March 12, 2017
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The Nintendo Switch Review: An innovation that spreads itself too thin

The Nintendo Switch seems like a totally forward-thinking piece of technology for all it is worth, but we kinda wish the forward thinking was also extended to the amount of games they have on this new console/device.

Don’t get us wrong: the Nintendo Switch is totally a cool new way to play games, and its marquee launch title, Legend of Zelda: Breath of the Wild, is a masterpiece of the action RPG genre. But without a decent library of games, the novelty wears of really quickly and its flaws become much more noticeable.

Modular gaming

The Nintendo Switch is a modular system, and can assume the form and function of a traditional home console, a portable gaming system, and a touchscreen tablet (with wireless controllers). It’s a product of ingenious engineering, we’re just awe that a device can already do that but it’s this achievement that cost it to fail in other aspects.

Nintendo President Tatsumi Kimishima himself told Time that Nintendo was too busy making the Switch an “amazing dedicated video game platform” to make time for other applications. The basic premise of the Nintendo Switch is it wants you to play with it indoors or outdoors, and it wants you to do so and have a grand old time.

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They may claim to not be competing with Sony and Microsoft but the fact of the matter is they kinda are. The Switch only has nine titles so far (more to come this year, of course), only four of which are original titles (half of them with limited replay value). Now, paying $300 to play a few games might not seem like a fair trade, so for consumers trying to get a console might opt for better counterparts.

The Switch suffers from playback problems, specifically when visuals on the screen stutter as the processor struggles to keep up with a game’s high specifications.

The Switch wants to please different play styles and as a result, ends up not know what it really wants to be. It’s too underpowered for console gaming and a little too sheltered for outdoor gaming. They wanted to please indoor and outdoor gamers that they end up disappointing both.

Controllers

The Grip completes the Switch’s home console mode, integrating the left and right Joy-Con (primary controllers of the Nintendo Switch) to form a traditional Nintendo controller. It won’t beat Sony Dual Shock 4 but it’s definitely comfortable. The buttons are tactile and easy to hit but it lacks traditional D-pad or full-seized analog triggers, putting you at a disadvantage in certain games. The tiny Select/Back buttons (the minus and the plus) are oddly placed, that one tends to hit another button/the analog stick in order to reach the tiny buttons.Inside Image_joy con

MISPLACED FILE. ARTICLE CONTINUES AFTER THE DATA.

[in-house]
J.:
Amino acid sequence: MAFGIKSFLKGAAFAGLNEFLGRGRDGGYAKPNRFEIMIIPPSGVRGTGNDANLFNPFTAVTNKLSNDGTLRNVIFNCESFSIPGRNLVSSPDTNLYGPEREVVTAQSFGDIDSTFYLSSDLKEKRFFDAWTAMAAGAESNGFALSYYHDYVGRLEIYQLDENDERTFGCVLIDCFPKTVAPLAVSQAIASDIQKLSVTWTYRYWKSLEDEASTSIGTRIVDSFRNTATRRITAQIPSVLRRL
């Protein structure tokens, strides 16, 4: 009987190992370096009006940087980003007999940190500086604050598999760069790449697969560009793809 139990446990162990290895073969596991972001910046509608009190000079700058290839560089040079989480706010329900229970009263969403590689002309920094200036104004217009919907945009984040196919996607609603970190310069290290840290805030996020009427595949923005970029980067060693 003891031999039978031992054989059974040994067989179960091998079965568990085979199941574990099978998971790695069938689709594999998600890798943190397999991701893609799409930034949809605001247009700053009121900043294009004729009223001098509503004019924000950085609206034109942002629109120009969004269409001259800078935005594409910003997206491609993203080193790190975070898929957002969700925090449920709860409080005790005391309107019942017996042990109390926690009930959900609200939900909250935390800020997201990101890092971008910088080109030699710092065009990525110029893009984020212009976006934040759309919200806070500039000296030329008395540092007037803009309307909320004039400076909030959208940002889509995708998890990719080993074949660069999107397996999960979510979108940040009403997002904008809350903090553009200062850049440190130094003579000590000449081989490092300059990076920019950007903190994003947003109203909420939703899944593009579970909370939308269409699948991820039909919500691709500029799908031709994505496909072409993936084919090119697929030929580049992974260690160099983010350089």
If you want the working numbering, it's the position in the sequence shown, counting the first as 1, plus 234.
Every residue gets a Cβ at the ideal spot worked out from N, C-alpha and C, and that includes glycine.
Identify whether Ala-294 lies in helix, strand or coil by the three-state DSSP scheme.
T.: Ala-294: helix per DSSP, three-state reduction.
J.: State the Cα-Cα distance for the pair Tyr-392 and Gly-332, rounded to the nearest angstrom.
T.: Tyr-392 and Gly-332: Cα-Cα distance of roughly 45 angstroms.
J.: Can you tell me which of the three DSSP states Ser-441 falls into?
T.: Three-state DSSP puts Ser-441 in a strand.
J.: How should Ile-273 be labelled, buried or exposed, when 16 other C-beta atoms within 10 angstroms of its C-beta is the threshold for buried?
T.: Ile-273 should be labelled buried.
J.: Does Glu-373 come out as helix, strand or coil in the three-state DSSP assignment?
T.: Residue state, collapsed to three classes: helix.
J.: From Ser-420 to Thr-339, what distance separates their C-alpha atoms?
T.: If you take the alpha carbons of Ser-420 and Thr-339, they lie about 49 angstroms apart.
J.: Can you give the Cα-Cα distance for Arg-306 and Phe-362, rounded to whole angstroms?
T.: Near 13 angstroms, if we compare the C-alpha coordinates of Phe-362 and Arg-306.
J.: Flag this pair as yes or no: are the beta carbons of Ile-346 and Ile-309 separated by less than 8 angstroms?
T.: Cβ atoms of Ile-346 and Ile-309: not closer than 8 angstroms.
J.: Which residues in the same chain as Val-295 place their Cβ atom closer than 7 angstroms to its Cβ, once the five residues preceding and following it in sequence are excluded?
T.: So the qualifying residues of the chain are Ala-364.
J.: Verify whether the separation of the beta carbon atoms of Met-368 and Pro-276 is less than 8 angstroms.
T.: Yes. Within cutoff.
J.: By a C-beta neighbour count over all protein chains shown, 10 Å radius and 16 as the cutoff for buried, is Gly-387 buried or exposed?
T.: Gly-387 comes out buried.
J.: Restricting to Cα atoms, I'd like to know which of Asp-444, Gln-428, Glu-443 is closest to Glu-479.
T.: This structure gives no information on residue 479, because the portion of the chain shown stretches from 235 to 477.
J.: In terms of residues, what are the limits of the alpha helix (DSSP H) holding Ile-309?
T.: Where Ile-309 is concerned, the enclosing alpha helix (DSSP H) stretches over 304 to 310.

Another limitation it has is you can’t charge the Joy-Con while they’re attached to the Grip, you have to reattach them to the tablet to charge them. If you want to bypass this, you’ll have to pay $30 to get a Joy-Con Charging Grip.

Sometimes the Joy-Con desyncs when you play with it detached from the tablet, killing our characters undeservedly a few times. Distance is also a factor in getting a stable connection between the Joy-Con and the console, so if you go more than 10 feet away from the console with your controller, you could get disconnected. (So just don’t play too far away, that seems reasonable.) So yes, Nintendo needs to tweak the Joy-Con a little more.

A desync occurs when a game is not synchronized with the server and it causes a lag or an unexpected error of whatever nature, whether in graphics or gameplay.

Using the Joy-Con to play two-player games by separating them and turning them sideways can be jarring because of the awkward layout (not to mention the small size, which seems reasonable anyway). The left and the right Joy-Cons are not symmetrical, with the buttons push to one side for the left one, and the other for the right one. At first we thought this could be good for players who are either right-handed or left-handed but that seems ridiculous as no two players will always have that set-up.

Still, the Joy-Con controllers have some neat features, like highly-accurate and responsive accelerometers and the HD Rumble, a form of articulated haptic feedback that fools you into perceiving weight and motion within the controllers. The right Joy-Con has an infrared sensor and an NFC reader for scanning amiibo™.

A chameleon among gaming devices

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To be fair, we wouldn’t be here if the Switch wasn’t a marvelous device.

The Nintendo Switch has a 6.2-inch, multi-touch, 720p LCD screen, with vibrant color production and bright enough to take outside. But outdoor is limited as you can only see on the screen in indirect sunlight, and it gets worse on brighter days. It also has a sensitive touch screen that’s better than the Wii U.

The Switch is powered by a custom version of the Nvidia Tegra X1 chipset. In mobile gaming standards, it’s a powerhouse. No, you have to pause for this and this is important: it’s a monster of a handheld gaming device. The Vita or 3DS has nothing on the Switch in terms of sheer power. It should’ve been more expensive but the Switch manages to be affordable for its format (being a format-breaking medium). It’s a good balance, it just lacks games.

But as a home console, it lacks power to compete with PS4 and Xbox One. The Legend of Zelda: Breath of the Wild seems to barely make it to 30 frames per second in TV mode, and goes even lower when there are too many elements in the screen at one time.

Of course, these won’t be a problem once you switch to handheld mold. Instead of going for 900p in TV mode, Breath of the Wild renders in 720p at handheld mode so visuals are smoother. This also means less syncing problems for the Joy-Con so the overall gaming experience is better in handheld rather than on TV.